• In his Guide of the Perplexed 3:17 and 18, Maimonides states that divine providence, the concept that God is watching over humans, should be understood that God gave people intelligence, and if they use it, they are, in effect, being watched over by God: “I hold that divine providence is related and closely connected with the intellect, because providence can only proceed from an intelligent being … .every person has his individual share of divine providence in proportion to his (intellectual) perfection.”
  • Maimonides and other religious and lay scholars note that the Hebrew Bible describes God doing things just as humans do. This is called anthropomorphisms, ascribing to non-humans human acts. All answer that when the Bible was written most people would better understand what transpired when the actor, such as a serpent, donkey, or even God acts in a human manner.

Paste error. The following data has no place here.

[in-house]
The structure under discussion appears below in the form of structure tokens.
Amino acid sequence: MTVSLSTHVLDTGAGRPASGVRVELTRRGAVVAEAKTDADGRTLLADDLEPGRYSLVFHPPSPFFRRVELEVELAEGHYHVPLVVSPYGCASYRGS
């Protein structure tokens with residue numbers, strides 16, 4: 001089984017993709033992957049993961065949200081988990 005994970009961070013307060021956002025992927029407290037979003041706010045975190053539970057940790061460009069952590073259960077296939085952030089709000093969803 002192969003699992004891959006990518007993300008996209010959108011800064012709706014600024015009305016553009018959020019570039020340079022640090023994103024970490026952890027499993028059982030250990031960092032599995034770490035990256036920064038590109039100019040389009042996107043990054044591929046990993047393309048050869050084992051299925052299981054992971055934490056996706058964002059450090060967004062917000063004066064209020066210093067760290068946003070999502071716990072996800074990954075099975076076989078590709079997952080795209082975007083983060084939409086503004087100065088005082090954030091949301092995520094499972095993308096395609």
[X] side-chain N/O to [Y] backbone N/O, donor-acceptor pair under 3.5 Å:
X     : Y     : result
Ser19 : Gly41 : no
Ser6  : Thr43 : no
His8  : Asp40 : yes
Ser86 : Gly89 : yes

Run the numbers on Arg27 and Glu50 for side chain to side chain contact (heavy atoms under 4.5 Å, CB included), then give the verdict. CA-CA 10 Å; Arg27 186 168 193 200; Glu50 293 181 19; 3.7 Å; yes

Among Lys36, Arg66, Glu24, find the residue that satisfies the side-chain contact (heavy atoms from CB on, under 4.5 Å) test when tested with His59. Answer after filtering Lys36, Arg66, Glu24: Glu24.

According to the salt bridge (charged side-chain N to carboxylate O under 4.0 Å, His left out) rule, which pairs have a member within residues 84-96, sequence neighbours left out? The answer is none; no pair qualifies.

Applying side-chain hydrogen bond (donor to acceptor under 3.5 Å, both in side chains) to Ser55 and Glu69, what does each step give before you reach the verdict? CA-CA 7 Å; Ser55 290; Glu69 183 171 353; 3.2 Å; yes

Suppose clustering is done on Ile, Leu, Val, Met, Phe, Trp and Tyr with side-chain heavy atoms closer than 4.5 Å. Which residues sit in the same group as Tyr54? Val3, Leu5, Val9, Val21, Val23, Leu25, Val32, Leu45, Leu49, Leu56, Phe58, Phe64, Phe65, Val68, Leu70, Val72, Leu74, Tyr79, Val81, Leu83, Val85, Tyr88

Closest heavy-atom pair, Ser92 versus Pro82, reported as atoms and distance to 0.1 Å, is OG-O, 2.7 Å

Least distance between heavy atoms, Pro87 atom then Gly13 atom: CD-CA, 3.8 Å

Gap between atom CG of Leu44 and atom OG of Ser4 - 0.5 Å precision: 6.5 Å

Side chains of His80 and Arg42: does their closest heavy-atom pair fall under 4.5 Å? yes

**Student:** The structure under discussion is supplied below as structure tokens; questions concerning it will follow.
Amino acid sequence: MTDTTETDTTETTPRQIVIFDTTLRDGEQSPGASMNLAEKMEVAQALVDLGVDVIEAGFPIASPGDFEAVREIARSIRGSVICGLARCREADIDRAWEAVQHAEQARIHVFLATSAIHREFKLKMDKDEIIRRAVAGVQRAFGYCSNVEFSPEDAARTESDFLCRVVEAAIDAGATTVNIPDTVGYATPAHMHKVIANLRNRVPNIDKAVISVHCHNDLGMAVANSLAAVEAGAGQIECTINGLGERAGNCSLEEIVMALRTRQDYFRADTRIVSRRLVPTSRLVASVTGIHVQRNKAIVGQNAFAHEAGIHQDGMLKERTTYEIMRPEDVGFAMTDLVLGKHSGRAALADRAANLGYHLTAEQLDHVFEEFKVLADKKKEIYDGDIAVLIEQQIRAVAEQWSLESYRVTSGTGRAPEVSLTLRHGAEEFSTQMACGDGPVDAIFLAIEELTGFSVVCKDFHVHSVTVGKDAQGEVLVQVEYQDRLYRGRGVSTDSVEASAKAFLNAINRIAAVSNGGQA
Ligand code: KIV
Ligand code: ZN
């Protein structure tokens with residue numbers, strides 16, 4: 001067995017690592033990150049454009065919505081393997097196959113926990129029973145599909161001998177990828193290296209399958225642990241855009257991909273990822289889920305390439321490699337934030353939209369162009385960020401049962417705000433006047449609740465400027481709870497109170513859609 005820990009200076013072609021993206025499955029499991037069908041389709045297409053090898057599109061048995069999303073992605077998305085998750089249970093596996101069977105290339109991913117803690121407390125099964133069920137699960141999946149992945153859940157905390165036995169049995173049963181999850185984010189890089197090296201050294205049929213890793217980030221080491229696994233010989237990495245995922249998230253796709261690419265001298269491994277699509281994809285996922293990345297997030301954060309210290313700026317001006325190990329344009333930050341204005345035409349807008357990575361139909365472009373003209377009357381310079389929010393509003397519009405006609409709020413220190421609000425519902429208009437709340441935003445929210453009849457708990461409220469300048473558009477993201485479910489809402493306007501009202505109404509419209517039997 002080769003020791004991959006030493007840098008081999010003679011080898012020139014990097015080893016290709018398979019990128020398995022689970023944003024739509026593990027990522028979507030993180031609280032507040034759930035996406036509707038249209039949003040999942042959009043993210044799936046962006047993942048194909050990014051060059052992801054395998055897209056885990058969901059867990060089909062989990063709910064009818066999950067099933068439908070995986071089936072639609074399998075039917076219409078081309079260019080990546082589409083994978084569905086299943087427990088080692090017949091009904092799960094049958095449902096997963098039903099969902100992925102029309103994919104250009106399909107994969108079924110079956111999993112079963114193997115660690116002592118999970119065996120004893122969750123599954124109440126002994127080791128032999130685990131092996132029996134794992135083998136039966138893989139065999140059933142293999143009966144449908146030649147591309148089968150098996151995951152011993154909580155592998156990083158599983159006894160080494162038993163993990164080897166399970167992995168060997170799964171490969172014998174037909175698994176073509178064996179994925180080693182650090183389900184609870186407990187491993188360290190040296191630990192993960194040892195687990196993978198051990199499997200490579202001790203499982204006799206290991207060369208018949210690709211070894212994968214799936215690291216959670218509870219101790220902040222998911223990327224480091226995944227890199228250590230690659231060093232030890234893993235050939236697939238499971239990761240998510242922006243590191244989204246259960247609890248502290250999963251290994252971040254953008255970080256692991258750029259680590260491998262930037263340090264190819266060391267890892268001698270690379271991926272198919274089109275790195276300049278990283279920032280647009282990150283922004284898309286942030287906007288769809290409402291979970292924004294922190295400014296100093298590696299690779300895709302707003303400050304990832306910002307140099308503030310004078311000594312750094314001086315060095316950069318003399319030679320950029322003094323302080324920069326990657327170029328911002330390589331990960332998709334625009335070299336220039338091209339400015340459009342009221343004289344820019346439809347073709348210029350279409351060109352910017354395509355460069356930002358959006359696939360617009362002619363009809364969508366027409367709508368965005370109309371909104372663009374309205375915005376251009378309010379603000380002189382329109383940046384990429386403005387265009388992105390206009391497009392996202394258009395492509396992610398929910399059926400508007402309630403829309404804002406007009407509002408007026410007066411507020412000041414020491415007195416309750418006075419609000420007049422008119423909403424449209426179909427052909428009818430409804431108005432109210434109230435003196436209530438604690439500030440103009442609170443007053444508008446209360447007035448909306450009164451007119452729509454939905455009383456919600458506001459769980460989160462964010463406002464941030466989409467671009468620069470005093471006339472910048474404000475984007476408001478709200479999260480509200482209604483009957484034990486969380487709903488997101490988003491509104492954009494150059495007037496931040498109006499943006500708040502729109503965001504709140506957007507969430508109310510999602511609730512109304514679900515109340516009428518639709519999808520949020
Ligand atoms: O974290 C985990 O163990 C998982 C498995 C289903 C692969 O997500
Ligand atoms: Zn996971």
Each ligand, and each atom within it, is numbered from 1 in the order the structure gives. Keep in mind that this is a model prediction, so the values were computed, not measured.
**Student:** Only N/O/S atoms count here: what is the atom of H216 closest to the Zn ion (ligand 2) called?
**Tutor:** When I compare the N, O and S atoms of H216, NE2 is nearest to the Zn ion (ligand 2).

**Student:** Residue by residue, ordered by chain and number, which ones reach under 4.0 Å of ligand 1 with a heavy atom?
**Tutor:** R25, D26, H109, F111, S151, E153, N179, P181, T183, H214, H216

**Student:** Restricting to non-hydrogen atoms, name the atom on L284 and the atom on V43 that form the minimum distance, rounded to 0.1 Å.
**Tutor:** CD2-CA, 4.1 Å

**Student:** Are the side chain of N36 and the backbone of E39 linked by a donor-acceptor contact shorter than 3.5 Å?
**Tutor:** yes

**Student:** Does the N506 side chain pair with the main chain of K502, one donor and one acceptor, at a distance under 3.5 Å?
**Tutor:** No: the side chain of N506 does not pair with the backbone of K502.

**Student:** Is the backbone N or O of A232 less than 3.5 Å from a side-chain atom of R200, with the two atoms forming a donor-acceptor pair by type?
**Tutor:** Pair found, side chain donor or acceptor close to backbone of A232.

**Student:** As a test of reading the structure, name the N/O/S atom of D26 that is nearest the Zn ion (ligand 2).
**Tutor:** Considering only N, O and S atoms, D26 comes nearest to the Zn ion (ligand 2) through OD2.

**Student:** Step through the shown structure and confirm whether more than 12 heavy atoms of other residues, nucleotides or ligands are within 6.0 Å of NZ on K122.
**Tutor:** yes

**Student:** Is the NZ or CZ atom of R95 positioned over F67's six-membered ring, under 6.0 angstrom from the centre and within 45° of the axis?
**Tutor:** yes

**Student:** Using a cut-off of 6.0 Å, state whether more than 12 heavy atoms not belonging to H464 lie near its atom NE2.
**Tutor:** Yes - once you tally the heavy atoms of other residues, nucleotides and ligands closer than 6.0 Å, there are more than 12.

• A similar concept is anthropopathism, ascribing to a non-human a human emotion. Such as saying that God became angry. They explain that by doing so people reading the Torah can better identify with God, feeling good about God when God is described as happy and fearful they will be punished and remedy their behavior when they read that God becomes angry.
  • Did God create the world out of nothing? The Greek philosopher Aristotle said no. God formed the world from preexisting material. Scholars differ whether Maimonides accepted Aristotle’s view. The opening of Genesis 1 can be read to support either view. It is obscure.